For the majority of the 25 Days of Giving series, I’m going to focus on charitable gifts made to nonprofit organizations. But, investing in a student’s future and helping to make higher education more affordable and accessible is certainly a valid cause…and has tax benefits of its own. This brings to mind a different type of gift you can give to a loved one who is currently or planning on attending college: the 529 Plan.
The 411 on the 529
Gordon Fischer Law Firm is dedicated to Iowans, so I’ll focus on the College Savings Iowa 529 plan, but know that all 50 states and D.C. sponsor at least one type of 529 plan. There are two types of 529 plans—prepaid tuition plans and college savings plans. The College Savings Iowa plan is a tax-advantaged program sponsored and administered by the Treasurer of the State of Iowa. The purpose? Just as the name “college savings” says, it is intended to “help an individual or a family pay for higher-education costs.”
The account funds can be used by the beneficiary for any purpose, but for the withdrawals to be considered tax-free, the money must be used for qualified higher-education expenses at an eligible educational institution by the student. Eligible expenses include elements associated with higher education such as: tuition, mandatory fees, books, required supplies, computers (including related hardware and software), internet access, equipment required for enrollment/attendance, and even room and board during any academic period where the student is enrolled at least half-time.
If withdrawals are made and not used for a qualified expense, the deductions must be added back to Iowa taxable income and adjusted annually for inflation. Additionally, the earnings part of the non-qualified withdrawal may be subject to a 10% federal penalty tax on top of federal income tax. A great alternative to non-qualified withdrawals if the student doesn’t end up going to or paying for school is transferring the money to another eligible beneficiary’s 529 account.
Who Can be a 529 Plan Beneficiary?
Your school years may be far behind you, but you can set up a 529 for any beneficiary. The only requirements are that the prospective or current student must be a U.S. citizen or resident alien with a valid Social Security number or other taxpayer ID number. The student doesn’t have to reside in Iowa or be related to you in any way. So, you could set-up a 529 for your niece, but also your friend’s son whom you’ve known since he was little…even if he lives in another state!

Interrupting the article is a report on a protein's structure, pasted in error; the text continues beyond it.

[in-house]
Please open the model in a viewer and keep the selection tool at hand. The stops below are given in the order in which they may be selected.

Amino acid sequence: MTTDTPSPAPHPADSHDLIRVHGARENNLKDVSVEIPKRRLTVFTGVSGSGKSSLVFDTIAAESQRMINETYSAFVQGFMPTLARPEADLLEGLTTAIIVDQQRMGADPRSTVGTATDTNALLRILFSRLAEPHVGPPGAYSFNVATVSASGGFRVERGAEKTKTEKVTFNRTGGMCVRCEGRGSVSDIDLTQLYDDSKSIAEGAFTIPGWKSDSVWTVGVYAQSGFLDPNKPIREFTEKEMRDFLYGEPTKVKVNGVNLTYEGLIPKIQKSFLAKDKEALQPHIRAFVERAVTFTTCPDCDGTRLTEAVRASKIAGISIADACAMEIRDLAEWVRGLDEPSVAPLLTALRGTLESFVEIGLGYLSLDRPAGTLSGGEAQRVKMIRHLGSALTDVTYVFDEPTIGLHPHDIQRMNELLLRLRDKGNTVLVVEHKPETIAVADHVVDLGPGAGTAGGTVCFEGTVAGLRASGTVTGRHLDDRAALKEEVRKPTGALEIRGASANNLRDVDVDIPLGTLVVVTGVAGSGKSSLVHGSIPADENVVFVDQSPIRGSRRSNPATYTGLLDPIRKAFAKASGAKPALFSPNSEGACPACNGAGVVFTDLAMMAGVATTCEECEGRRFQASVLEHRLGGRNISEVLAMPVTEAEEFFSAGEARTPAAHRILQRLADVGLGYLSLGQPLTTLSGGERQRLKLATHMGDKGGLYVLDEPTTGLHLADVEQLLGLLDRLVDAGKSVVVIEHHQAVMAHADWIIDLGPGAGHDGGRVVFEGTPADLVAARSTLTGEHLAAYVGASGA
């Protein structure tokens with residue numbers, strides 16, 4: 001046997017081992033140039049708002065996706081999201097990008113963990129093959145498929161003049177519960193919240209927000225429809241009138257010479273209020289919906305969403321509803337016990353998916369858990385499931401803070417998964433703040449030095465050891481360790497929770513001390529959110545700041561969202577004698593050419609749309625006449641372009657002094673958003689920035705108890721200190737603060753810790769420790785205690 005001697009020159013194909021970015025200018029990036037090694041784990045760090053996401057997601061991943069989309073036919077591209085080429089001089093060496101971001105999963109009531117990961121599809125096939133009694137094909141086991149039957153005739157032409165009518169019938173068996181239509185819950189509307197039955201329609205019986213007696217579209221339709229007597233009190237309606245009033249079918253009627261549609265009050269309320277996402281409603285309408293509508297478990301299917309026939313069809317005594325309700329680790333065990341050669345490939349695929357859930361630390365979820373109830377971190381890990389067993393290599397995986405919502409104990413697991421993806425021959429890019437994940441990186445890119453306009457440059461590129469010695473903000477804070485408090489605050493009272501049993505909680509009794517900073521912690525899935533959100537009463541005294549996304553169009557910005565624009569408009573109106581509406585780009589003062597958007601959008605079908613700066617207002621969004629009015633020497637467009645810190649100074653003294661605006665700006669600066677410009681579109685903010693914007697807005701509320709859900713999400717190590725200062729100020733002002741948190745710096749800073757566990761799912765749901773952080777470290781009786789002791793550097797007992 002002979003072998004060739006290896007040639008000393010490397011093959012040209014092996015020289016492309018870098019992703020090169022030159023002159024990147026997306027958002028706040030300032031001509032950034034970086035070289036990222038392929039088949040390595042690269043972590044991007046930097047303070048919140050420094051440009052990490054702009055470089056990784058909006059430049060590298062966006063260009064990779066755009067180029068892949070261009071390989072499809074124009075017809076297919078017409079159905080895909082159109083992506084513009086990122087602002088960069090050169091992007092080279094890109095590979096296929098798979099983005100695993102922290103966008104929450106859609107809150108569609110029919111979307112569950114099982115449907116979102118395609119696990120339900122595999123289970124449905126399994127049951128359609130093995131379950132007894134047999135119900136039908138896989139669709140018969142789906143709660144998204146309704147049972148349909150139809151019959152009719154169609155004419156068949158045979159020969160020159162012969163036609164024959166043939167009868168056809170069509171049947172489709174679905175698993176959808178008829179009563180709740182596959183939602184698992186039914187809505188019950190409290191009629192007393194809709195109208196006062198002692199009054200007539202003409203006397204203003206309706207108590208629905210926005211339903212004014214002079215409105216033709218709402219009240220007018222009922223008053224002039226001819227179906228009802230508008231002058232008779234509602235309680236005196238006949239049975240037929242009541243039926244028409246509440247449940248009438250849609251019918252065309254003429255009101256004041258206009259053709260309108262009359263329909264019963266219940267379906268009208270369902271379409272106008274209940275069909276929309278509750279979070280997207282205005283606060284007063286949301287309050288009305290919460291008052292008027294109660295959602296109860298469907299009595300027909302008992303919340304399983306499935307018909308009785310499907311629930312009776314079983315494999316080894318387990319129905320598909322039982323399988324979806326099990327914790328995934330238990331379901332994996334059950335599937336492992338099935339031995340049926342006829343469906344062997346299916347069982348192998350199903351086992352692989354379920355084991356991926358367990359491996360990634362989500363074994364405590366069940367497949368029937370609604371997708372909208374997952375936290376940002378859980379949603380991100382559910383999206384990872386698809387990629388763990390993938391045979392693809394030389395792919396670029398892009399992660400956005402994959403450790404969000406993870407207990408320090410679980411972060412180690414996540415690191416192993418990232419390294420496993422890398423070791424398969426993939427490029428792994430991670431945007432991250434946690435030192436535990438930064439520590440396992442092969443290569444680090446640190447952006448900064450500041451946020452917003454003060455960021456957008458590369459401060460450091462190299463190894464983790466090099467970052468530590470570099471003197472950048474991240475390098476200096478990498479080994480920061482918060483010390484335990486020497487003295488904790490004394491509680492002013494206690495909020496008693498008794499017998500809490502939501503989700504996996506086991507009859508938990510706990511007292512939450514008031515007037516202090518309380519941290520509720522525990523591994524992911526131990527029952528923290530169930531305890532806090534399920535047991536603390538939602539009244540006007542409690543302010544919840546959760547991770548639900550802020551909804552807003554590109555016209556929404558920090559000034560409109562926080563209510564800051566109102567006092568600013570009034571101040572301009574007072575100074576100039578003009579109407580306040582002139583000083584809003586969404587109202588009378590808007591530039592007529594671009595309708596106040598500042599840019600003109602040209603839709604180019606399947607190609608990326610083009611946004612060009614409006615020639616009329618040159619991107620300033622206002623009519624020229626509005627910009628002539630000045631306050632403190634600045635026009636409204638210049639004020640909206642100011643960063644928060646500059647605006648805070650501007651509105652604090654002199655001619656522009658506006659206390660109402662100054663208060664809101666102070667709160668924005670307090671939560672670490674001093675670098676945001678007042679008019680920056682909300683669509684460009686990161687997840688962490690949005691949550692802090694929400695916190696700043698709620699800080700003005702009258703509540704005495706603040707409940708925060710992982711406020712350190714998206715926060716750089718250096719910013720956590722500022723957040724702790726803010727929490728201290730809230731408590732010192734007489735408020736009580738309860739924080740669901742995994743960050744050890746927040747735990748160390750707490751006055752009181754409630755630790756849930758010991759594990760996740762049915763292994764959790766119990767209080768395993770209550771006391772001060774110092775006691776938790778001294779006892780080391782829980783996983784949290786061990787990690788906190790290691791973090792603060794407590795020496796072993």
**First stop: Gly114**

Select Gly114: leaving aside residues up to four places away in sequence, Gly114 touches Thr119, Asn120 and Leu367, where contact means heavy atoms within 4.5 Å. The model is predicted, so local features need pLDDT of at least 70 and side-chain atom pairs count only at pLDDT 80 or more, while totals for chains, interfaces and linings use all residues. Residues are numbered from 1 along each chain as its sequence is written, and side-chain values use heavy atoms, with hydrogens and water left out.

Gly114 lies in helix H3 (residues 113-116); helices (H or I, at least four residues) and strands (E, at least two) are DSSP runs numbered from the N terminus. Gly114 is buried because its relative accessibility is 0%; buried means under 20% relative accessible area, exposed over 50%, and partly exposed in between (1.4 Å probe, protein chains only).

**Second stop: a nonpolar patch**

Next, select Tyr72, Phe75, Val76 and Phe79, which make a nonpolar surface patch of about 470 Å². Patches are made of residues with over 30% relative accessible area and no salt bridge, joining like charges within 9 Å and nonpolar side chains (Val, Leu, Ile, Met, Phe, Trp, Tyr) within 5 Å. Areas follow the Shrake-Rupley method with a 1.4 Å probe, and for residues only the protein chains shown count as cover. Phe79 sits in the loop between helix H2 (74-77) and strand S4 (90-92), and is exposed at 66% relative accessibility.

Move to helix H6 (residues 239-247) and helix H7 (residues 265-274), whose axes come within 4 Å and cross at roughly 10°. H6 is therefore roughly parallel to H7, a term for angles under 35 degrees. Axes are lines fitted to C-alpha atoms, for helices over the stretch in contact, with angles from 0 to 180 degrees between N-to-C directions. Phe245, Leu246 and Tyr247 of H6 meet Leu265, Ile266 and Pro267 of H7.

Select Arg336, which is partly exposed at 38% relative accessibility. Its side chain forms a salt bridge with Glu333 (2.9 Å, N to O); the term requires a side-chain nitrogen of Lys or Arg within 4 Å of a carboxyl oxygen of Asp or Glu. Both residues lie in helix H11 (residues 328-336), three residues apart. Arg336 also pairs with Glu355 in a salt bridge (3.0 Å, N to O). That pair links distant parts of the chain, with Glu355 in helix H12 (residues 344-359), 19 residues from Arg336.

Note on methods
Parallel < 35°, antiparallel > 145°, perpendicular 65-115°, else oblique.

Federal, State, & Estate Tax Benefits
The most obvious benefit of College Savings Iowa 529 accounts is that contributed assets grow deferred from federal and state income taxes. Plus, Iowa taxpayers can deduct up to $3,387 in contributions per beneficiary (student) account from adjusted gross income for 2019. These contributions can usually be made up through the tax-filing deadline. (For example, you could make a tax-deductible contribution for the 2017 tax year up until the end of April 2018.)
Beyond the $3,387 state tax deduction, you can contribute up to $75,000 in a single tax year for each beneficiary (or $150,000 as a married couple filing jointly) without incurring federal gift tax. This is provided you don’t make any other gifts to that student beneficiary over the course of five years. For the purpose of the contribution, it’s as if you made the $75,000 gift over the course of five years. Any additional gifts made to the beneficiary during that five-year period will incur a gift tax.
There’s another major benefit when it comes to the 529 and estate taxes. Money contributed to a 529 account is generally treated as a “completed gift” to the student beneficiary, but as the contributor/participant, you still have control over the money. If you were to die with money remaining in your account, it will not be included in your estate for federal estate tax purposes. In short, the 529 is a valid tool if your goal is to reduce the total of your estate to avoid the estate tax, but still, help a student you care about.
In terms of the estate tax, if you took the option for the $75,000 contribution ($150,000 for married couples) to a 529 plan account as if it was made over five years and then you die within the five-year window, a prorated portion of the contribution will be subject to estate tax. This can get a bit confusing, so please speak with your trusted estate planning attorney or tax advisor for more personalized information.
What’s your experience with 529 plans? Any questions in regards to how contributing to a 529 plan could impact your tax savings? Don’t hesitate to contact me by email (email@example.com) or phone (515-371-6077).